Experts say the nation should be on track to further ease Covid-19 measures soon, given the current situation and how things have developed over the past three weeks.
They added that while it is still too early to tell the impact of the Omicron variant, there have been some encouraging early signs.
Associate Professor Alex Cook, vice-dean of research at the National University of Singapore's (NUS) Saw Swee Hock School of Public Health, told The Straits Times that unless the authorities are waiting to give more people their booster shots or get children vaccinated, there "isn't much else to wait for" in reopening.
"It makes sense to be a little cautious while the Omicron epidemiology is gauged, but I'd be surprised if there isn't further relaxation of measures soon, perhaps come the new year," he said.
A report by the Saw Swee Hock School of Public Health last Friday said the characterisation of Omicron is still "very uncertain" and emphasised that there may be significant changes in the understanding of the virus strain over the next few weeks. But it noted that the variant will likely spread more easily than the original version of the virus.
The multi-ministry task force tackling the coronavirus here had earlier eased measures on Nov 22, allowing people to gather in groups of up to five. It added then that the country would consider its next steps "around the end of December" if all went well.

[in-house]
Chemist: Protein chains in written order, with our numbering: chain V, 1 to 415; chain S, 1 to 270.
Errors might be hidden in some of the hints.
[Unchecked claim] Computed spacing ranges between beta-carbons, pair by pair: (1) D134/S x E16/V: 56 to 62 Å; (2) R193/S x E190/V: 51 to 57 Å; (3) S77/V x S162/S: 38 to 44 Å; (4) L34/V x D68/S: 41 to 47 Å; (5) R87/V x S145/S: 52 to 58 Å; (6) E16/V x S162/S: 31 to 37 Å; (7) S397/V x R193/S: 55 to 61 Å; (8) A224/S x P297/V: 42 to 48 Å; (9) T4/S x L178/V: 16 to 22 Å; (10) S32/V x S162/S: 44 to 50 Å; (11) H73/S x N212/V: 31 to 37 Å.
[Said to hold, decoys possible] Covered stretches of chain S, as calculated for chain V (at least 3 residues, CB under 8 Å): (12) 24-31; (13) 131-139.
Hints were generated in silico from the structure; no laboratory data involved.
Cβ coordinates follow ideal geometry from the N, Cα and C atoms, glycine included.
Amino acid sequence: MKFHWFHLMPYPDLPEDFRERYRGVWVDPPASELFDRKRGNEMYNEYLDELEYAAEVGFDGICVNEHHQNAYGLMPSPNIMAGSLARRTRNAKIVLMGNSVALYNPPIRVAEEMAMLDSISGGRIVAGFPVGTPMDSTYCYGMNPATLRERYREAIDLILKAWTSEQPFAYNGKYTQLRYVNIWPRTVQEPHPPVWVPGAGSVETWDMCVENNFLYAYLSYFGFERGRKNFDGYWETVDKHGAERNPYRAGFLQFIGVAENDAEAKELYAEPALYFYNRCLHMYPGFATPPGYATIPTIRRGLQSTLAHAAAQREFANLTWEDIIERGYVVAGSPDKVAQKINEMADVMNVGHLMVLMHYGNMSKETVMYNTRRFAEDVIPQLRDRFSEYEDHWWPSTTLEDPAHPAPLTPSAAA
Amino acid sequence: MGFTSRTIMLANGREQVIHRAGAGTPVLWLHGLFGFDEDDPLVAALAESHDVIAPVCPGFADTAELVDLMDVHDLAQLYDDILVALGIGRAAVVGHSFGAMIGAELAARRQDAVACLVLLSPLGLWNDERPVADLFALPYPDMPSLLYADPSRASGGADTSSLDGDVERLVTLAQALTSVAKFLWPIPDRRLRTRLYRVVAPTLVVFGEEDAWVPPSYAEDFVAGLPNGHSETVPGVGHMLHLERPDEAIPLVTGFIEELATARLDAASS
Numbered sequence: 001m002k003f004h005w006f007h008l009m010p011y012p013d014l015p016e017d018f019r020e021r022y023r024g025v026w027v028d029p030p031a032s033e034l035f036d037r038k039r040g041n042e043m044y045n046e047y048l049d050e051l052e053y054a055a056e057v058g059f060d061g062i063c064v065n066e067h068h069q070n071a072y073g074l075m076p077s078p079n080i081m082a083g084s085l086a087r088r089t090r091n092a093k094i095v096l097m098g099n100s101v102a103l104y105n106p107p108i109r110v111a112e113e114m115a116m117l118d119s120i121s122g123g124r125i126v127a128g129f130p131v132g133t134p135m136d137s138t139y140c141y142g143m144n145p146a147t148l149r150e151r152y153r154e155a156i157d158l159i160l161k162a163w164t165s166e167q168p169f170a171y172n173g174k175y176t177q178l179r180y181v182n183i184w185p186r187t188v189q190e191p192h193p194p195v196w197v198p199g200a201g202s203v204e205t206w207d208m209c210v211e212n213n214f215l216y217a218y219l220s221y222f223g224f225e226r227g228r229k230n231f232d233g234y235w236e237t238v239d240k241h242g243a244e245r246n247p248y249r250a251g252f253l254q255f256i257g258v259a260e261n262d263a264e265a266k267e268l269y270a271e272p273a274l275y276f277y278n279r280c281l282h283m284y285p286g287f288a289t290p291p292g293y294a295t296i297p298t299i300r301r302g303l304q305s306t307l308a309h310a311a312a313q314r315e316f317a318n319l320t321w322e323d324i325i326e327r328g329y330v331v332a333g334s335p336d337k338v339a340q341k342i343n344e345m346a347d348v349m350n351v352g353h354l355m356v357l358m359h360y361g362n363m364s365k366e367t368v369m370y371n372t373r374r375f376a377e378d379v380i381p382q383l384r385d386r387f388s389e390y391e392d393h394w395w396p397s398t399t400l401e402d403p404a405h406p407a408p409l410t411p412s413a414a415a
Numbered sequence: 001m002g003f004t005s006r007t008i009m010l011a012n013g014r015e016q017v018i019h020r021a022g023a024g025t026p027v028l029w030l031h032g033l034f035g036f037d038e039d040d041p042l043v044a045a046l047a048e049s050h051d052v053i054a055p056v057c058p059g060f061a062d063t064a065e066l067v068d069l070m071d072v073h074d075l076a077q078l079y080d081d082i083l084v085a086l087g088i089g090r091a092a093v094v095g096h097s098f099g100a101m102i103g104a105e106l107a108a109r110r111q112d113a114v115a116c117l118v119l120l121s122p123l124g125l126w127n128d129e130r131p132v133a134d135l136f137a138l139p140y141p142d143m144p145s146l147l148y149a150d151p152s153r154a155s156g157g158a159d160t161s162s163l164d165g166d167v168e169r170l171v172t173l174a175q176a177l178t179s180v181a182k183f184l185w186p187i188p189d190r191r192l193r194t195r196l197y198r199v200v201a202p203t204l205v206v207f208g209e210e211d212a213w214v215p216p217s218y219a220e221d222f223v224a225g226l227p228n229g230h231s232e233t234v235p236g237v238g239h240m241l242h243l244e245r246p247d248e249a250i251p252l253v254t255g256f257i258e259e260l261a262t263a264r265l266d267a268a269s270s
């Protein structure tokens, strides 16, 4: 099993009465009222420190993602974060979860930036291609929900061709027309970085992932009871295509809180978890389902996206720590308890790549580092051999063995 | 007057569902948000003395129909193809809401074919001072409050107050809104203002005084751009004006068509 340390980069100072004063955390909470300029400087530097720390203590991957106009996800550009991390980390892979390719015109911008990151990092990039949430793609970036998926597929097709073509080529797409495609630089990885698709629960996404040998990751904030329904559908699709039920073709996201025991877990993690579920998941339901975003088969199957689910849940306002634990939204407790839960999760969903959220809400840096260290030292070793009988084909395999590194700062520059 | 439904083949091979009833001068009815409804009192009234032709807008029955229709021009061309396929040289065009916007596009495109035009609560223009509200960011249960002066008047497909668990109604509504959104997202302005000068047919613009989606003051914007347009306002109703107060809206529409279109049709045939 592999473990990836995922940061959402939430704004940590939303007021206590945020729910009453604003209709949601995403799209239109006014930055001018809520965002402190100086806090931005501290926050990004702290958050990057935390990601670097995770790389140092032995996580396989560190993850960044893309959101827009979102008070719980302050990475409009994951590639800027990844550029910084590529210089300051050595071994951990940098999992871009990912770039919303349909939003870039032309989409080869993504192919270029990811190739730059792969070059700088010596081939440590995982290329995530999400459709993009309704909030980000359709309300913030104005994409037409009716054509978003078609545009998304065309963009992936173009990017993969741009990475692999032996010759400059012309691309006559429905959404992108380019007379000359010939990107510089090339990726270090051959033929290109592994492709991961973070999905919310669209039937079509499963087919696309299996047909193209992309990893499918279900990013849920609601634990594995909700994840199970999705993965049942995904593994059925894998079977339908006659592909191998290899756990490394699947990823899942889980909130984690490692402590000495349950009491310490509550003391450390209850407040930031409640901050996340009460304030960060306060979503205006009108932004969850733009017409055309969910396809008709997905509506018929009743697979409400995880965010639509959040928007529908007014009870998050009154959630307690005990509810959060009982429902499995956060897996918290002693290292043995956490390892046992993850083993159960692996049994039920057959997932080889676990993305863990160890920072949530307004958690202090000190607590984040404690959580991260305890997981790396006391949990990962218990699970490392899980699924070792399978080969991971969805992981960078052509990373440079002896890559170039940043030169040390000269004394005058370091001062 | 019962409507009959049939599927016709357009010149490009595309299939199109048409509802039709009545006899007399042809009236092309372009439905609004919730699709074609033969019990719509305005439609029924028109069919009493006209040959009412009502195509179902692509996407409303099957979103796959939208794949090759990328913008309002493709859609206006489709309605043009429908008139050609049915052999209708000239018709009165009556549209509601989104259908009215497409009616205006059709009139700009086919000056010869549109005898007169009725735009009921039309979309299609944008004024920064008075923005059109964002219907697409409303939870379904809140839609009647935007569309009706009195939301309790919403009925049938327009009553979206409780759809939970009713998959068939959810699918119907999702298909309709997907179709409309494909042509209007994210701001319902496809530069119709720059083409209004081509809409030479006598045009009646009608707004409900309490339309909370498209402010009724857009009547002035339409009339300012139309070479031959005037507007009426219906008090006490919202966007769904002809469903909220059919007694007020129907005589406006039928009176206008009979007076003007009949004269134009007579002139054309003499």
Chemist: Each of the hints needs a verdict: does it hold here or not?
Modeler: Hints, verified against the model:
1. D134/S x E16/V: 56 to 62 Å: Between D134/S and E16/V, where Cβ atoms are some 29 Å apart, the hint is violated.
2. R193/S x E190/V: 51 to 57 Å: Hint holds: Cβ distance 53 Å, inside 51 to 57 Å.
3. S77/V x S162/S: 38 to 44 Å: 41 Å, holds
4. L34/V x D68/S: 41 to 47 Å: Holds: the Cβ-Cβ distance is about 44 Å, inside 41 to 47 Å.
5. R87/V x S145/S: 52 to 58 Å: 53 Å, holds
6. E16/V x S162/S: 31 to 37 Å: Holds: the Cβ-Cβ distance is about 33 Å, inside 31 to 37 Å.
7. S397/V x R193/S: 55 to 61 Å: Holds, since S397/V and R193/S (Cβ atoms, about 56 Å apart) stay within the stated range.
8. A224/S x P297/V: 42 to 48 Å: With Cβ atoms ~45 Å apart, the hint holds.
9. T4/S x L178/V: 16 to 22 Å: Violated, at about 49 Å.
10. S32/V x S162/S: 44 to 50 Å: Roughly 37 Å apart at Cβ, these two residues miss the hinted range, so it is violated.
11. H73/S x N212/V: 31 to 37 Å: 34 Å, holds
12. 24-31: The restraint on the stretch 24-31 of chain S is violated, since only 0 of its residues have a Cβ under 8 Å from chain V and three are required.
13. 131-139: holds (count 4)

Prof Cook noted on Friday that since the middle of last month, the number of new cases has fallen from around 2,000 or 3,000 a day to fewer than 1,000.
While he acknowledged that the fall had been tapering off recently and that some of the drop could be due to fewer people getting formally diagnosed, he said the number of patients in intensive care units (ICUs) has also fallen "quite a lot" over the last few weeks.
"This gives some confidence we are rounding the corner," he said.
Professor Paul Tambyah, senior consultant at the National University Hospital's division of infectious diseases, noted that the daily reported numbers do not include those who test positive via antigen rapid tests, which, according to the Ministry of Health's (MOH) guidelines, should be the majority of cases.
But the professor of medicine at the NUS Yong Loo Lin School of Medicine added: "What is more important is that most of the public hospitals are now apparently able to start reducing the additional beds that they had set aside for patients with severe Covid-19."
In addition, the number of patients in the ICU and the number of patients who need oxygen supplementation have remained relatively stable, said Prof Tambyah.
Prof Cook said that the number of severe cases remains the critical metric people should watch.
"That's what we're trying to avoid - deaths and diversion of the healthcare resources towards severe infections."